Secretion secrets revealed: Pathogen effector characterization for a devastating plant disease

Secretion secrets revealed: Pathogen effector characterization for a devastating plant disease
HPE19 exhibits dynamic nuclear chloroplast localization and alters immune responses in Nicotiana benthamiana. HPE19 lacking its signal peptide was cloned with an N-terminal fusion to TurboGFP (tGFP) under control of the GAL4 dexamethasone (Dex)-inducible promoter, transiently expressed in Nicotiana benthamiana and were visualized by confocal microscopy. Dex was applied 12 postinfiltration (hpi). A, HPE19 exhibits nuclear expression at 24 hpi. The left panel shows green fluorescent protein (GFP), the central panel includes chloroplast autofluorescence, and the right panel shows the intensity profile for tGFP and chlorophyll in the merged image. B, HPE19 primarily exhibits chloroplast localization at 48 hpi. Insert in the central panel shows chloroplast stromule-like projections. Right panel, tGFP and chlorophyll intensity profiles overlap in the merged image. C, Representative image of nuclei expressing tGFP (left) and chloroplasts surrounding nuclei carrying tGFP-HPE19 (right). D, Three-dimensional (3D) reconstructions of the tGFP control (left) and tGFP-HPE19 (right) 48 hpi illustrate chloroplast clustering around nuclei. 3D reconstructions were generated from 20 images. E, Overexpression of HPE19 fails to induce cell death. Left, macroscopic cell death observed 5 days postinduction with 2 μM Dex; right, cell-death visualized after trypan blue staining observed 5 days postinduction with 2 μM Dex F, Electrolyte leakage 12 to 96 hpi with 2 μM Dex. Individual dots represent values for four biological replicates per construct. Statistical differences were detected by a repeated measures analysis of variance, and different groups were detected using a Tukey multiple comparison test. Different letters indicate significantly different groups of means at 96 hpi. Credit: Molecular Plant-Microbe Interactions® (2022). DOI: 10.1094/MPMI-05-22-0114-R

Sometimes the most niche plant pathogens pack the greatest punch. Such is the case for the Florida citrus industry, which has seen a 70% decline in its orange production since the introduction of Huanglongbing (citrus greening) in 2005.

This disease is caused by the bacteria Candidatus Liberibacter asiaticus, which spreads via a flying insect—unlike most bacterial plant pathogens. When the insect feeds on the sugary sap of a plant, it deposits the bacteria into the veins of the plant, directly into the phloem, which allows the bacteria to follow this transport highway throughout the plant.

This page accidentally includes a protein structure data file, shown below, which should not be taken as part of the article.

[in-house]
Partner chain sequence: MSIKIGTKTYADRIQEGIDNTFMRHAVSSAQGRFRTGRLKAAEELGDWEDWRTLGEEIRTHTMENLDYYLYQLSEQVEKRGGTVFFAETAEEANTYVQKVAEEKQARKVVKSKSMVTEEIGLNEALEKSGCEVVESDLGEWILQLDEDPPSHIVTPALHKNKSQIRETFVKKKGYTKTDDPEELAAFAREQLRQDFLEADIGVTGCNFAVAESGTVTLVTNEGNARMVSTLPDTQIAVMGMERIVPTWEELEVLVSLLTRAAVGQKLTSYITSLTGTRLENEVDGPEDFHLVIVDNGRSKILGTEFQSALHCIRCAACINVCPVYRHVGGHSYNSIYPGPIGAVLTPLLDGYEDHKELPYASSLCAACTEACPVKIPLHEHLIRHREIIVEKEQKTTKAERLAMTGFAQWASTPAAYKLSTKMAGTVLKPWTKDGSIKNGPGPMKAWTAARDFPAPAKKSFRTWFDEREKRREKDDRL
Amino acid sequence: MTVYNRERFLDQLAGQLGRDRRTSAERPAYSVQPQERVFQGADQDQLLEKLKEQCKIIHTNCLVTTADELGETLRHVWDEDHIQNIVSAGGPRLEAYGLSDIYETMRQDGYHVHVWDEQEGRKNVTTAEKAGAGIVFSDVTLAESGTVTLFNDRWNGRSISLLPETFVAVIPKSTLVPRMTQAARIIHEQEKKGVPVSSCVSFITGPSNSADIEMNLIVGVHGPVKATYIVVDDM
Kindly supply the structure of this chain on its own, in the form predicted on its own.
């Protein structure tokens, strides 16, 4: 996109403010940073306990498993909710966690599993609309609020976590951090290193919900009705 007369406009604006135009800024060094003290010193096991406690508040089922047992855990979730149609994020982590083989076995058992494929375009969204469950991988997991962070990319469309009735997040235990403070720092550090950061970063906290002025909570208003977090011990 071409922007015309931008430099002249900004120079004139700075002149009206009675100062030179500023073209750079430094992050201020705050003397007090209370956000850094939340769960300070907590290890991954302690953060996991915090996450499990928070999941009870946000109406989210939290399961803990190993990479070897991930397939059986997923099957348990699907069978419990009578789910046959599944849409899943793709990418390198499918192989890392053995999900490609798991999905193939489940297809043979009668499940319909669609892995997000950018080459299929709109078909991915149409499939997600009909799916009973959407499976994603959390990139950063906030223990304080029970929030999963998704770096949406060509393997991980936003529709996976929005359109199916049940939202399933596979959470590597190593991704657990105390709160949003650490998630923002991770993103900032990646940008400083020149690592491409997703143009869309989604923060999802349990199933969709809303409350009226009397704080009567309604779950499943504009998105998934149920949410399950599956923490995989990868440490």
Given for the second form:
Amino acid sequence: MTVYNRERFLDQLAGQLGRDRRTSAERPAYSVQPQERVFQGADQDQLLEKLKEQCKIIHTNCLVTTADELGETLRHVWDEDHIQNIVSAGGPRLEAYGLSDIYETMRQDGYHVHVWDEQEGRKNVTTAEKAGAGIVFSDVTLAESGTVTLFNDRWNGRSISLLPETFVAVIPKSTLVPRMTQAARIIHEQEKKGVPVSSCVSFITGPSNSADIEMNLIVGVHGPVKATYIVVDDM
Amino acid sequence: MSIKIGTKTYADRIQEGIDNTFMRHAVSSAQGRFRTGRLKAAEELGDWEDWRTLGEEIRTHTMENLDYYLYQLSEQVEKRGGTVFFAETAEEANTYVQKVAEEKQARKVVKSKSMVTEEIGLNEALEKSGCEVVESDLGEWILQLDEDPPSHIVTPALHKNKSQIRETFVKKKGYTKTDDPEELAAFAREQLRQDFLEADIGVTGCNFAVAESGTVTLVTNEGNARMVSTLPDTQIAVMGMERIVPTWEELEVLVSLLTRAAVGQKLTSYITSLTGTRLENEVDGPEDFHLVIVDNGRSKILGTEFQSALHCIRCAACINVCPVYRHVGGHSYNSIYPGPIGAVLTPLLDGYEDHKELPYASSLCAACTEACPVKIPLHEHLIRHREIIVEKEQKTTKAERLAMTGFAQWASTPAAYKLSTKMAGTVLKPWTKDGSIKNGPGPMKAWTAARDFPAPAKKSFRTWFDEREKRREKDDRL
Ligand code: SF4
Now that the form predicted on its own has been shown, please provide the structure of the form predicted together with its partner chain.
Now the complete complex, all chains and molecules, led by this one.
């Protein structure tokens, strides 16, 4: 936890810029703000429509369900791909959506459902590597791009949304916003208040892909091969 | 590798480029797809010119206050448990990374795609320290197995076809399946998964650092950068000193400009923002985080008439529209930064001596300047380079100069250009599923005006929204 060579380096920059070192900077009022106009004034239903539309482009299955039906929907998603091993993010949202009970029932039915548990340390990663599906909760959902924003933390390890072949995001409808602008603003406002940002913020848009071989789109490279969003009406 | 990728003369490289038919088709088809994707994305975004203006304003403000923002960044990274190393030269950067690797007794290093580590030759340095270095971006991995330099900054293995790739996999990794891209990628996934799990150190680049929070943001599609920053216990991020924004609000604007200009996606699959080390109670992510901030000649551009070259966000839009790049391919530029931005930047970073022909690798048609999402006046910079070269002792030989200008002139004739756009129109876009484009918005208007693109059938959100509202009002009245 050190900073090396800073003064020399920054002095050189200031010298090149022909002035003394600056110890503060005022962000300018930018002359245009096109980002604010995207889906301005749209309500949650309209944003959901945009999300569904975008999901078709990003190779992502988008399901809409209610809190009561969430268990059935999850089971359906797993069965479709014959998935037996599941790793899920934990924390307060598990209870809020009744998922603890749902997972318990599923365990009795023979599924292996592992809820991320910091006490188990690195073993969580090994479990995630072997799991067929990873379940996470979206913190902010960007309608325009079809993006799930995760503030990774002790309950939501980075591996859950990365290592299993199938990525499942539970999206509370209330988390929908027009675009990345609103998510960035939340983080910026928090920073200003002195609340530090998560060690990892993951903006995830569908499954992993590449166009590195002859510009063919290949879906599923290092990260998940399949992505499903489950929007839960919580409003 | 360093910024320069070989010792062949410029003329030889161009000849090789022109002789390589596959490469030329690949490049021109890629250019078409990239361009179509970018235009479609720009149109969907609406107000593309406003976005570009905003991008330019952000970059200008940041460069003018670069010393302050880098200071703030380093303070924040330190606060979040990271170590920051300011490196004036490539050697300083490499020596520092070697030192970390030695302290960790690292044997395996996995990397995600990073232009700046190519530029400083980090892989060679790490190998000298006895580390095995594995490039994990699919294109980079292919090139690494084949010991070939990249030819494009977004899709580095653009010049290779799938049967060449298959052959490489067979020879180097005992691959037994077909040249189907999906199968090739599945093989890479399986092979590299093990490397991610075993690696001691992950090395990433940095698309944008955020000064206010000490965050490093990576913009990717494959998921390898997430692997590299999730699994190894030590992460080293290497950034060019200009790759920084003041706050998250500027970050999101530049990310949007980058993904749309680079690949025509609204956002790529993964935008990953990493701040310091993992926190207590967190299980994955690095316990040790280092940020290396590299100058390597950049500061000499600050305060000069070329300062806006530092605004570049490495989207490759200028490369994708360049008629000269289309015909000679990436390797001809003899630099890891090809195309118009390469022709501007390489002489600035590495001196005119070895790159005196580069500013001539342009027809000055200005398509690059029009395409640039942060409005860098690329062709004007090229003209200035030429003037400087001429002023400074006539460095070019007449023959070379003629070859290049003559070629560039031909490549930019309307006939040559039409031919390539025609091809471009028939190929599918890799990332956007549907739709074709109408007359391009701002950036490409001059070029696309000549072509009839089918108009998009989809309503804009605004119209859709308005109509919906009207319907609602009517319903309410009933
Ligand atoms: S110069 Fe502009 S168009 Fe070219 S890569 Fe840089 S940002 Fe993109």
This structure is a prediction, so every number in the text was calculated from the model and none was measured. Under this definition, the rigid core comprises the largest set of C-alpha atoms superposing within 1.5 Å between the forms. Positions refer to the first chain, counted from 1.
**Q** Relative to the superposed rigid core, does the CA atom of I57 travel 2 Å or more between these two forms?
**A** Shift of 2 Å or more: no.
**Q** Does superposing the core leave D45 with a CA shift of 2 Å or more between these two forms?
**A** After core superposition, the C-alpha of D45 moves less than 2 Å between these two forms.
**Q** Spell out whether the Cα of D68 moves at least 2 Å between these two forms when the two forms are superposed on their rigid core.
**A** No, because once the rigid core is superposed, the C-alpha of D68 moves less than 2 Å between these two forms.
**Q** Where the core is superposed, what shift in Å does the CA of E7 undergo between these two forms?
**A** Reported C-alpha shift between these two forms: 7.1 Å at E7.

A close relative of the pathogen, Candidatus Liberibacter solanacearum (CLso), is a newly emerging pathogen of tomato and potato. As this bacterium cannot survive outside of its hosts, very little is known about it, including how it causes disease. A recent study led by Paola Reyes Caldas, of the University of California, Davis, has discovered and characterized secreted proteins from the pathogen CLso. These proteins, called effectors, offer clues into the manipulation tactics this bacterium uses to subdue its plant host.

Newly published in Molecular Plant-Microbe Interactions, the study found that these effectors can be present in both the plant and insect host. Once inside the plant, these effectors can target various parts of the cell such as the iconic chloroplast, which are critical for the plant to perform photosynthesis.

Additionally, these effectors are mobile in that they can travel from one plant cell to another. Corresponding author Gitta Coaker comments, "These effectors can also move from cell to cell, which could explain how Liberibacter can manipulate the plant while remaining restricted to the phloem. Unlike effectors from culturable leaf colonizing , the majority of Liberibacter effectors do not suppress plant immune responses, indicating that they possess unique activities."

Whether these unique activities alter the phloem environment or insect attractiveness to facilitate pathogen spread remains to be seen, but this research offers an exciting starting point to unraveling this complex disease. Once targets of these effectors are identified, genetically engineering these important crops to prevent manipulation could be a fruitful solution to managing these diseases.

More information: Paola A. Reyes Caldas et al, Effectors from a Bacterial Vector-Borne Pathogen Exhibit Diverse Subcellular Localization, Expression Profiles, and Manipulation of Plant Defense, Molecular Plant-Microbe Interactions (2022). DOI: 10.1094/MPMI-05-22-0114-R

Provided by American Phytopathological Society

Citation: Secretion secrets revealed: Pathogen effector characterization for a devastating plant disease (2022, November 22) retrieved 6 December 2022 from https://phys.org/news/2022-11-secretion-secrets-revealed-pathogen-effector.html
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